Trump’s Drag on Republicans Quantified: A Five-Point Penalty

Donald J. Trump’s announcement on Tuesday that he would run for president in 2024 came at an especially awkward time for Republicans. They were supposed to dominate the midterm elections — but fell well short.

Mr. Trump appears to be a significant reason for that showing, based on an analysis of the results by House district.

His preferred candidates underperformed last week, helping Democrats hold the Senate and helping keep the race for House control close. (Republicans, who had been heavy favorites, are expected to prevail narrowly as mail ballots continue to be counted in California.)

Overall, his preferred primary candidates underperformed other G.O.P. candidates by about five percentage points.

A penalty of five points is a big number in today’s polarized era. Five of the last six presidential elections have been decided by a margin less than that. As findings like these are revealed, they may add to the consternation of some Republicans who in recent days have blamed Mr. Trump for the party’s poor performance.

The analysis is based on an unusual measure: The Cook Political Report’s primary scoreboard. The Cook report scored each contested Republican primary as a victory for either the “traditional” wing of the Republican Party or for the “MAGA” wing of the party.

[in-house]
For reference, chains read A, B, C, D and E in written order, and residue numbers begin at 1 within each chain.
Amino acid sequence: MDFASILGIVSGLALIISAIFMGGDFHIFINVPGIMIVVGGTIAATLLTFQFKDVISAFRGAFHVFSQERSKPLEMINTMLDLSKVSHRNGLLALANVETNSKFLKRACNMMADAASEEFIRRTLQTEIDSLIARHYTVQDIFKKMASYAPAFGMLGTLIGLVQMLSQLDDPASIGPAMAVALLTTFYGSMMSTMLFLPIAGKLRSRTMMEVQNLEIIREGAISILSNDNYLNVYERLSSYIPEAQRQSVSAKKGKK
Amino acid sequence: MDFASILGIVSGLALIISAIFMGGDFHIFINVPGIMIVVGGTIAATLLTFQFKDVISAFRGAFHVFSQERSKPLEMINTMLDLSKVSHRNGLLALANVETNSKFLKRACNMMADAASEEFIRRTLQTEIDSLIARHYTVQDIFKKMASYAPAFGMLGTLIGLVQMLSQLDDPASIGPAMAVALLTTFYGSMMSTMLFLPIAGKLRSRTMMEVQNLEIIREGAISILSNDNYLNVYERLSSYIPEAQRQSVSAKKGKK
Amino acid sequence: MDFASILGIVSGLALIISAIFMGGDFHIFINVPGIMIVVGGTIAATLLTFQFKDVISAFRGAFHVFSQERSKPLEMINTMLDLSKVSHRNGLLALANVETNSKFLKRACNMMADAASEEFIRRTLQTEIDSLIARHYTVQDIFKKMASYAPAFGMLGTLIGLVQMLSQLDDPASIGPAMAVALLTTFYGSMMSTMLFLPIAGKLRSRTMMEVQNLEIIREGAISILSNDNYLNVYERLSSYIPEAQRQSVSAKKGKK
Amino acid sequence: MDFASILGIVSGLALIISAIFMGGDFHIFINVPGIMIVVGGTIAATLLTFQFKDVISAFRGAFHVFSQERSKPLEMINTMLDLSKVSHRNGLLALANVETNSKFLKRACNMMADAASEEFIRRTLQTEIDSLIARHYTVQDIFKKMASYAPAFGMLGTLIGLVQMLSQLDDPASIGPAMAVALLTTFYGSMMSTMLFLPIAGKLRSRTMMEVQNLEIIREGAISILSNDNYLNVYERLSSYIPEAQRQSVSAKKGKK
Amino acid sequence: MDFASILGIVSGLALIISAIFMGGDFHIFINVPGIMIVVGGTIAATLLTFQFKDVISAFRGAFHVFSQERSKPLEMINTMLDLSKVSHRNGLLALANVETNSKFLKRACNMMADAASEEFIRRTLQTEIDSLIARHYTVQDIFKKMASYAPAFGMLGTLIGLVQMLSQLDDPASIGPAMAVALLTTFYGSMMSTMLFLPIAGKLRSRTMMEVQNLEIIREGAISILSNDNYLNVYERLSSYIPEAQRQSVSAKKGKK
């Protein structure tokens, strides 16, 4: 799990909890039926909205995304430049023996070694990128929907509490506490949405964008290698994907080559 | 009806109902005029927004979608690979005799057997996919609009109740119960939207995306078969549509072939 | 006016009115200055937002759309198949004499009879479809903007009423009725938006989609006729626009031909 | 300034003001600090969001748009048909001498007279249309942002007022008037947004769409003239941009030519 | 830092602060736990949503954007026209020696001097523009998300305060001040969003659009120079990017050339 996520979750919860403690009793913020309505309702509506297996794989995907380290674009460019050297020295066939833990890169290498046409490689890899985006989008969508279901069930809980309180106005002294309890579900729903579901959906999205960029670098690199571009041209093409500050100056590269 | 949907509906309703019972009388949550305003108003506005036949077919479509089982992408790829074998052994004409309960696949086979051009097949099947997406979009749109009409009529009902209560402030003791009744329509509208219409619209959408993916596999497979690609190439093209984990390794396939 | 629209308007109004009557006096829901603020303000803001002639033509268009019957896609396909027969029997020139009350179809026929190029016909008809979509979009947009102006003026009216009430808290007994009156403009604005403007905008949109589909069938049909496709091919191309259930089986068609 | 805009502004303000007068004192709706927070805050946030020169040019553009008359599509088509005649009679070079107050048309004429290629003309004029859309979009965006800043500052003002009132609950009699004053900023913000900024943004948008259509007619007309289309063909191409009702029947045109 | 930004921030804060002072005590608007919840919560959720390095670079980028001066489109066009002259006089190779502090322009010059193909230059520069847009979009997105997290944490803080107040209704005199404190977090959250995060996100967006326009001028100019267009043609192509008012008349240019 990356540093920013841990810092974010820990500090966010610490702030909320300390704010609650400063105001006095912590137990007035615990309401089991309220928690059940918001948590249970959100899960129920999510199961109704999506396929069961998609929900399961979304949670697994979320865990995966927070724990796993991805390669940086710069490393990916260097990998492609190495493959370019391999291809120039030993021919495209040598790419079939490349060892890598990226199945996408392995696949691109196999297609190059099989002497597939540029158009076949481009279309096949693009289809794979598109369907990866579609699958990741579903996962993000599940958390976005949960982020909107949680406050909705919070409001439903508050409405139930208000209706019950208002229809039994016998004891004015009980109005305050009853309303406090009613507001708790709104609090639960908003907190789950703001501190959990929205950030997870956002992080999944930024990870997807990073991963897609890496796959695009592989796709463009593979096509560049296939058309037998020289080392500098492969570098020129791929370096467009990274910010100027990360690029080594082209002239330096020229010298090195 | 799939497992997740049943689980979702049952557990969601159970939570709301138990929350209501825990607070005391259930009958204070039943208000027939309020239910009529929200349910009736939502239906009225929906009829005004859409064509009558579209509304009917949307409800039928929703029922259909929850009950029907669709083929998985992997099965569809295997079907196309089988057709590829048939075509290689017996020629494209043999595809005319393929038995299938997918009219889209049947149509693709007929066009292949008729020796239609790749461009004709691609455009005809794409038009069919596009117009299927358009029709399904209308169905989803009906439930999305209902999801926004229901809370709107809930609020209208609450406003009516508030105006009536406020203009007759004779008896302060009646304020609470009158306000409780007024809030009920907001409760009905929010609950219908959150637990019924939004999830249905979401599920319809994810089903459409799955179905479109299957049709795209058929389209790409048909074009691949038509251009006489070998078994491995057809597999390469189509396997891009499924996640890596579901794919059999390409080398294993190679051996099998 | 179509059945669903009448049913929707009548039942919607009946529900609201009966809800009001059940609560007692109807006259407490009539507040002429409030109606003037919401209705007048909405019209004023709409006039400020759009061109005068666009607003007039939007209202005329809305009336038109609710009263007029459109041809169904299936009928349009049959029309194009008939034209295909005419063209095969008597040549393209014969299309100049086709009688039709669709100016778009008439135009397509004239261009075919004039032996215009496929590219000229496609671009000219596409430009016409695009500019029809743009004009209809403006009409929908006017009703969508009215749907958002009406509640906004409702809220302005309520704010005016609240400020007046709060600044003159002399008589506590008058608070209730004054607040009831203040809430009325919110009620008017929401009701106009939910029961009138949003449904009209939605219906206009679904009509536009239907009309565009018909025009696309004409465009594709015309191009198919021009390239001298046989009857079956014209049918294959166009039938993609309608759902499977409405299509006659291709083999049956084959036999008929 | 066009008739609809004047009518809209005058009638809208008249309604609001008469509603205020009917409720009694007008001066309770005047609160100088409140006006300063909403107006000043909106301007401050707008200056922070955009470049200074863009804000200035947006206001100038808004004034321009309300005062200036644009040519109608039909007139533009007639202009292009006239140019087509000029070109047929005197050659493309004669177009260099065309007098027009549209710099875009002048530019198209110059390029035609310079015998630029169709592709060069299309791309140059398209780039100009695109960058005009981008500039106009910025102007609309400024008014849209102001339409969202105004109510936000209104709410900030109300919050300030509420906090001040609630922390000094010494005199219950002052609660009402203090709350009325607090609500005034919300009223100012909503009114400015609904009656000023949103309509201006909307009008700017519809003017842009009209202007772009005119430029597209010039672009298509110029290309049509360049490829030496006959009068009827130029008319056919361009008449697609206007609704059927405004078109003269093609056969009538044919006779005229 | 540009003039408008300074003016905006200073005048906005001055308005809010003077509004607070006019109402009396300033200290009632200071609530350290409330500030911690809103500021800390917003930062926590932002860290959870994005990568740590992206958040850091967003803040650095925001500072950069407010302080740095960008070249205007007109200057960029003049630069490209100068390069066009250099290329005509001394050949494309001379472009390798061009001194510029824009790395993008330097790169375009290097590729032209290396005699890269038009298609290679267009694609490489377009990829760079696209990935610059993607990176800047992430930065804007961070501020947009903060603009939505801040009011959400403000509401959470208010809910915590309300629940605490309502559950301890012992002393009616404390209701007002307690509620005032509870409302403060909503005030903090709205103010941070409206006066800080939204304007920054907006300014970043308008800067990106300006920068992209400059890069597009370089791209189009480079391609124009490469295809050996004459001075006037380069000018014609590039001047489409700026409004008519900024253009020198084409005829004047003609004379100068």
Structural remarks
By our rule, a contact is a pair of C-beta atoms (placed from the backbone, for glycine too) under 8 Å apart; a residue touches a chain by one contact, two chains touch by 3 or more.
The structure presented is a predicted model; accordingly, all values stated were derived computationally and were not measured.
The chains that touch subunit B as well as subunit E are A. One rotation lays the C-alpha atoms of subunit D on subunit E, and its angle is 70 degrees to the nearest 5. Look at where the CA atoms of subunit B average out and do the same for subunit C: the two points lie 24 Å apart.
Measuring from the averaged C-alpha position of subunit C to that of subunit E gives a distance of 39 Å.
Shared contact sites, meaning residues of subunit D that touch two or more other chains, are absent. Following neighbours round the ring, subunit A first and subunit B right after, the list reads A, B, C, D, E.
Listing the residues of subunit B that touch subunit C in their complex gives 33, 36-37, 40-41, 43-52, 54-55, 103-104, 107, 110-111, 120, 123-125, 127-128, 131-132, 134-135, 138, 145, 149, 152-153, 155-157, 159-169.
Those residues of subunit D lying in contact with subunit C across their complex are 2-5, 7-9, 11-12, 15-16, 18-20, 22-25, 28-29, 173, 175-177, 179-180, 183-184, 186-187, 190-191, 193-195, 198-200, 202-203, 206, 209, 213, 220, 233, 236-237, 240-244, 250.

With the benefit of the final results, we can gauge how well the MAGA candidates fared compared with other Republicans. The five-point penalty measure controls for how the district voted in 2020 and whether the district was an open seat or held by a Democratic or Republican incumbent.

Here’s another way to think about it: Non-MAGA Republicans in 2022 ran six points better than Mr. Trump did in 2020; the MAGA Republicans barely fared better than him at all.

And many prominent MAGA Republicans ran even further behind recent Republican benchmarks. Lauren Boebert ran eight points behind Mr. Trump’s performance — she’s expected to hold her seat in Colorado’s Third District, but the race has still not been called — and therefore something like 14 points behind the typical Republican. Marjorie Taylor Greene, who held her House seat, ran six points behind.

The Republican candidates who unseated the incumbents who had voted to impeach President Trump — in districts like Washington’s Third and Michigan’s Third — also seemed to pay a steep price.

The analysis includes only House races, but a five-point MAGA penalty looks about right in the Senate as well. On paper, Republican Senate candidates ought to have been fairly competitive in Arizona and Pennsylvania. What did Blake Masters and Dr. Mehmet Oz lose by instead? Four to five points.

In Georgia, the Republican Senate candidate Herschel Walker underperformed Gov. Brian Kemp by eight points. Not all eight of those points can necessarily be attributed to the MAGA penalty. Mr. Kemp was an incumbent; Mr. Walker was a challenger. Still, it’s a weak performance by a candidate endorsed by Mr. Trump.

With the results in Arizona, Georgia and Pennsylvania all within the margin of one MAGA penalty, it’s entirely plausible that Mr. Trump’s candidates cost the Republicans control of the Senate.


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